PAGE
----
How the Zoom revolution will transform the Brussels bubble

The European Commission and European Parliament are finalizing work-from-home policies.

How the Zoom revolution will transform the Brussels bubble

This article is part of After Corona, a series exploring how the pandemic has changed the world.

The hottest debate in Brussels this fall won’t be about rule of law or the budget. It’ll be about teleworking, hot desking and online voting.

Organizations around the world are grappling with how to apply lessons from the pandemic and adapt to the Zoom revolution. And the European Union’s two largest institutions are no exception.

Debates have broken out in the European Commission and the European Parliament over how to blend traditional in-person work with the possibility of remote participation.

In the Commission, the frontline cuts between managers, who are reluctant to lose direct oversight of their subordinates, and lower-level employees, who are keen to cement the benefits of remote work. In the Parliament, the discussion centers on whether democracy is better served when MEPs are required to gather in one place — or if more flexible arrangements allow them to be in better touch with their constituents.

Both institutions are working toward finalizing rules that would come into effect when the coronavirus subsides, setting working conditions for the coming months, if not years.

“The negotiation on what we call the ‘new normal’ is going to be very tense,” said Cristiano Sebastiani, a Commission official and president of Renouveau et Démocratie, one of the largest unions representing EU civil servants. “At the Commission, teleworking is still perceived as a gift you give to those who deserve [it] the most.”

Remote Commission

Before the outbreak of COVID-19 in March 2020, the Commission and Parliament had already put in place flexible working arrangements and been reflecting on the future of work.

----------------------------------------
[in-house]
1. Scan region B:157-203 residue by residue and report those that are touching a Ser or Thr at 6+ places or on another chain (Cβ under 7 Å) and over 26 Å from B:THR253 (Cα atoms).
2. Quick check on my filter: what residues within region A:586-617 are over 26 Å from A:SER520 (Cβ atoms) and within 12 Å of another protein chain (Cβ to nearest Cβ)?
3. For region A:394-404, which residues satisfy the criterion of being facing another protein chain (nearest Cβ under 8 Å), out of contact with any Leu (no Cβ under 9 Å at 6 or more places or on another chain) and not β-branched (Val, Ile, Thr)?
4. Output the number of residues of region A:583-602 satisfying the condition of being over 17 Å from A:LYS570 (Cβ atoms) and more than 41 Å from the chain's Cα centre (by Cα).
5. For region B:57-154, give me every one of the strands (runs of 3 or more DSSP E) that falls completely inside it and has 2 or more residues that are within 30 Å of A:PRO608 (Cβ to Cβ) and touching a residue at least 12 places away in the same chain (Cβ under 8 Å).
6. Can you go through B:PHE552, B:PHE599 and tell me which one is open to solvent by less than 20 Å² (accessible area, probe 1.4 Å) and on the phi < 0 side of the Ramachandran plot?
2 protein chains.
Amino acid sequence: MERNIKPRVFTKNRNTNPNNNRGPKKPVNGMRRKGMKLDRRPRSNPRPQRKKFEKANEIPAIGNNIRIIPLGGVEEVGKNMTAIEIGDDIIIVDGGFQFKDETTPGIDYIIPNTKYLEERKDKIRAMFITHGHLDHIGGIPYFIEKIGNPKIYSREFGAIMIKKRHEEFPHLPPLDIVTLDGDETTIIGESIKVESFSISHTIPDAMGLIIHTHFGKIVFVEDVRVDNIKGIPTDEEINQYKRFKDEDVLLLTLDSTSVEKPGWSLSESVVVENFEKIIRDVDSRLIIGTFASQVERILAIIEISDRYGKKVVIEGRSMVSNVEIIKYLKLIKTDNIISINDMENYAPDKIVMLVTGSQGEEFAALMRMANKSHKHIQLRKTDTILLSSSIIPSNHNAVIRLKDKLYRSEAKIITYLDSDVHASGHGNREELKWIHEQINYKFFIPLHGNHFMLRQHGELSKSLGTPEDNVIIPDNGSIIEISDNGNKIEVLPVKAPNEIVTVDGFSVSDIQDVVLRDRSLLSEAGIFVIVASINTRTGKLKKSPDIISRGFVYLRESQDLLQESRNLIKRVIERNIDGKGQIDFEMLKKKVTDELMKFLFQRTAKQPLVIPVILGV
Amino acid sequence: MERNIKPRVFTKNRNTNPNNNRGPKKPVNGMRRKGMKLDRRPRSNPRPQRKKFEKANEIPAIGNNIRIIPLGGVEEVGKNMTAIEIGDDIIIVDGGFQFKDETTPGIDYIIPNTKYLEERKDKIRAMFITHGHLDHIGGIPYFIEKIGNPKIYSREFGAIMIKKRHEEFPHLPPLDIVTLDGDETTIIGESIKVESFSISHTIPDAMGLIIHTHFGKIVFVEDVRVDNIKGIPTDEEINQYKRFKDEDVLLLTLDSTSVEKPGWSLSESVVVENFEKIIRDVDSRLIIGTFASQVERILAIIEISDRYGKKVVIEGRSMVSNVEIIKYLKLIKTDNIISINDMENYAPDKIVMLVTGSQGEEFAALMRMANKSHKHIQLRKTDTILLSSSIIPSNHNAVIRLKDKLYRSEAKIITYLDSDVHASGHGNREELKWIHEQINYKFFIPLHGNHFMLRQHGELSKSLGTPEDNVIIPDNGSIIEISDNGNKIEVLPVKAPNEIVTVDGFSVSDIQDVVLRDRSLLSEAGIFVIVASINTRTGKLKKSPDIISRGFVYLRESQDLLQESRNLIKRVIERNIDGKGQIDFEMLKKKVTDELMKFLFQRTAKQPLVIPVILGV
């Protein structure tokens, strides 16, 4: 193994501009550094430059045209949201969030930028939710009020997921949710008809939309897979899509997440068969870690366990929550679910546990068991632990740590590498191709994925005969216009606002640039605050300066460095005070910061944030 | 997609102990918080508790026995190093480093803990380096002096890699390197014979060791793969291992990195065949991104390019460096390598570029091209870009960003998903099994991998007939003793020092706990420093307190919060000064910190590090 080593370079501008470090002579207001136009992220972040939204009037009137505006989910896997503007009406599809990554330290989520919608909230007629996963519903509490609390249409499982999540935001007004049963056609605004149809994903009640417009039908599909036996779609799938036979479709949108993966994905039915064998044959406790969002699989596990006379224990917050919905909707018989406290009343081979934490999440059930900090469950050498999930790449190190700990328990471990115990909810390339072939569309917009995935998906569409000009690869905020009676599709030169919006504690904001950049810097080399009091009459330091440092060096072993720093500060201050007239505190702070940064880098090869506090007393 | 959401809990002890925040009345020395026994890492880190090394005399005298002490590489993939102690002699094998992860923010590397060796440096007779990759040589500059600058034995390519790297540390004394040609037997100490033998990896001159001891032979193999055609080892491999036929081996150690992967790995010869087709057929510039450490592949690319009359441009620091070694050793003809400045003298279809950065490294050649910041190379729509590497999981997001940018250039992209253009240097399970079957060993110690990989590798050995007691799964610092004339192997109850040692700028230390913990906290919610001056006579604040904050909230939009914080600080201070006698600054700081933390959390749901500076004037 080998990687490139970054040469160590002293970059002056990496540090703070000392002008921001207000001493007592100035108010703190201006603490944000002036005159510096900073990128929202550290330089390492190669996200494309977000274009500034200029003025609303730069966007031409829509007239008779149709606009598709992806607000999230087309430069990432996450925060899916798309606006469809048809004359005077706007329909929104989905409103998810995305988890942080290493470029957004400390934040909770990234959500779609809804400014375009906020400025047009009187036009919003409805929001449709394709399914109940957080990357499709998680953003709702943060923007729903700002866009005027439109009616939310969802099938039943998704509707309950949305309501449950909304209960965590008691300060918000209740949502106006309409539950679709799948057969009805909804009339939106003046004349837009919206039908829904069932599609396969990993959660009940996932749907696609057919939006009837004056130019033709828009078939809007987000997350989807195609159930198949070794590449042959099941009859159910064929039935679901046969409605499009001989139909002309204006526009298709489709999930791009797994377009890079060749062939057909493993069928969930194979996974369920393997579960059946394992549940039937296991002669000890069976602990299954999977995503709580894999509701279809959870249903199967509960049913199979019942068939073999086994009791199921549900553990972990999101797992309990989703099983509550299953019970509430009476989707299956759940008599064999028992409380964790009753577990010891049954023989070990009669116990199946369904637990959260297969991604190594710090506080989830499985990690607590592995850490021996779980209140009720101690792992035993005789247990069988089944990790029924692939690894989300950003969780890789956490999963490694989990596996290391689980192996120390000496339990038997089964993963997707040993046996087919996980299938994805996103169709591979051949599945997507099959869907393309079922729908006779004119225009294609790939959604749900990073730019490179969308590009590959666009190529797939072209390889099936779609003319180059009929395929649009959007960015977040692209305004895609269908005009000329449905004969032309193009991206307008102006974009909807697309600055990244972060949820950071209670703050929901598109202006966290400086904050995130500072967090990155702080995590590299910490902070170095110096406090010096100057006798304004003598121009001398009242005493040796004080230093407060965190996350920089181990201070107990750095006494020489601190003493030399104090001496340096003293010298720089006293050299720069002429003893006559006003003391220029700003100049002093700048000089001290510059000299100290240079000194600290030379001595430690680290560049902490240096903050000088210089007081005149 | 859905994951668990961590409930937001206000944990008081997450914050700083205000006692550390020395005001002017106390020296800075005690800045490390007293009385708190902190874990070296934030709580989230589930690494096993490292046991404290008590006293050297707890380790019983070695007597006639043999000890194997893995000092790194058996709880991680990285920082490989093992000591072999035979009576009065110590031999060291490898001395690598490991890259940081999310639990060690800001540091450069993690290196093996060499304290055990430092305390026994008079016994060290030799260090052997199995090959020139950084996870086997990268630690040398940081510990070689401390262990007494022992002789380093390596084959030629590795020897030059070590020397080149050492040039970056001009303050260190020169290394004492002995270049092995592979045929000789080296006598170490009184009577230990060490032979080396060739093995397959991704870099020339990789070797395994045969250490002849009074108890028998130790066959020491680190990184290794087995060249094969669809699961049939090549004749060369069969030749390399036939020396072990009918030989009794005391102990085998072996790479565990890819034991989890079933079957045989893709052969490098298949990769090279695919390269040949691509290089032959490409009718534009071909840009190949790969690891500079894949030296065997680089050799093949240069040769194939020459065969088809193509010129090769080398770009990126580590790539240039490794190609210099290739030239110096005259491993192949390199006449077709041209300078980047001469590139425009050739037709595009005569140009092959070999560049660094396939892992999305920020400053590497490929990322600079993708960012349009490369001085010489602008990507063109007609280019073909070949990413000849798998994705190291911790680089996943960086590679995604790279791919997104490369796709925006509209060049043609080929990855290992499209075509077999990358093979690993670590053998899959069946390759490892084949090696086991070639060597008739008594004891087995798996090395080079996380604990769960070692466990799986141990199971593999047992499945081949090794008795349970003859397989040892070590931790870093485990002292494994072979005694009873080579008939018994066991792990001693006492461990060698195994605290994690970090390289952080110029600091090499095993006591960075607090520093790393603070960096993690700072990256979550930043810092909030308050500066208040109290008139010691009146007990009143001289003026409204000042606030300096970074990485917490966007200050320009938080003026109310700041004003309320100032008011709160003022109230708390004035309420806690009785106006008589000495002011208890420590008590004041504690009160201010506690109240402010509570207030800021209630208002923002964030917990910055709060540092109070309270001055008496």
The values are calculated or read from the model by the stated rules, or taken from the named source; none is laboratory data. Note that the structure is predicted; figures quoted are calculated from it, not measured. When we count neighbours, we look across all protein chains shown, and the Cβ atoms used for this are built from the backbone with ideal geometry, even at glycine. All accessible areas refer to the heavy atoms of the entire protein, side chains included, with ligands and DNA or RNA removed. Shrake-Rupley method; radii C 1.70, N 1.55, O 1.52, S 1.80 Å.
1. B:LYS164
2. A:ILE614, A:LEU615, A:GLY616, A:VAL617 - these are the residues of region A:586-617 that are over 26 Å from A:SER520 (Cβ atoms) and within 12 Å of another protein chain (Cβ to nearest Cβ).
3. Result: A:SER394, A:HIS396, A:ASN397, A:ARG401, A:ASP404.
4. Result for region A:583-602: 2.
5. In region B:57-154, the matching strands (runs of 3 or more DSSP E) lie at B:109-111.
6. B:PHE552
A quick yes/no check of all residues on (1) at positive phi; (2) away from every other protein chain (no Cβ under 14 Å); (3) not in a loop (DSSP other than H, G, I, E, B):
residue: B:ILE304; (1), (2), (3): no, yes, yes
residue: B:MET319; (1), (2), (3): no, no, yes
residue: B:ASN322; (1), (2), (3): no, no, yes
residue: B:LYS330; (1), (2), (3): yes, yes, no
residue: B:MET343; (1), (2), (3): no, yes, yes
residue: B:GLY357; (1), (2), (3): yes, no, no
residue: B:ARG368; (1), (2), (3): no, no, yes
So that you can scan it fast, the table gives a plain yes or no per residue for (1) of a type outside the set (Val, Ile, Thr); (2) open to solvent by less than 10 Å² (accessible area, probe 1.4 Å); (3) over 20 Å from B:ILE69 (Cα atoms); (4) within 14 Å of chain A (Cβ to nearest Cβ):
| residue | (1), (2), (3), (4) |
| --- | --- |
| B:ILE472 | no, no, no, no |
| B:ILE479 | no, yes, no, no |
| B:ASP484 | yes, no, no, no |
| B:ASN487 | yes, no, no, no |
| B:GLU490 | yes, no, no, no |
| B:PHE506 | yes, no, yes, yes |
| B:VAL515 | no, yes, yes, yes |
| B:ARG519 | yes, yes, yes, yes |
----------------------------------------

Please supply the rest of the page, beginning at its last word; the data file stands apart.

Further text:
The coronavirus accelerated this process. The three main EU institutions — the Commission, the Parliament and the Council of the EU — put emergency measures in place, including mandatory masks, social distancing rules in meetings and teleworking for all. The Parliament also scrapped plenary sessions from Strasbourg and expanded online voting in plenary and committee meetings.

Now, as the institutions contemplate workers returning to their desks, some of those measures have become the basis for new work plans that are poised to enter into force next fall. COVID permitting (still a huge question mark), the Commission is aiming to allow half of its workforce back in the office by September, with teleworking guidelines adopted in the early fall.

According to a recent negotiating document seen by POLITICO, the Commission is proposing its employees spend at least 40 percent of their workweek (equivalent to two days a week) in the office and at least 20 percent (one day a week) working from home, with the rest being decided in agreement with their bosses. Line managers can also decide that on specific days of the week, individual workers or entire teams should come into the office.

When teleworking, employees will be required to stay “at no great distance” from their place of employment, according to the document. “Staff need to be able to physically come to the office within two hours as of the moment they are instructed to do so.” In case of technical difficulties at home, “staff are required to come back to the office at their own expense without delay.”

Staff will be allowed to telework outside their place of employment for 10 working days a year, “linked with at least 5 days of annual leave.” In some circumstance, such as family reasons, they can be granted authorization to telework from abroad for a month. But if they’re needed back at the office, they “may be required to come back at their place of employment at their own cost within 48 hours.” The transit time won’t necessarily count toward working hours.

With the Commission seeking to shrink its real-estate footprint, Sebastiani said the institution is looking to expand hot desking — shared workspaces used by different employees on different days. Gertrud Ingestad, the Commission’s director general for human resources, has set up the open-space plan in her unit in a bid to woo her counterparts.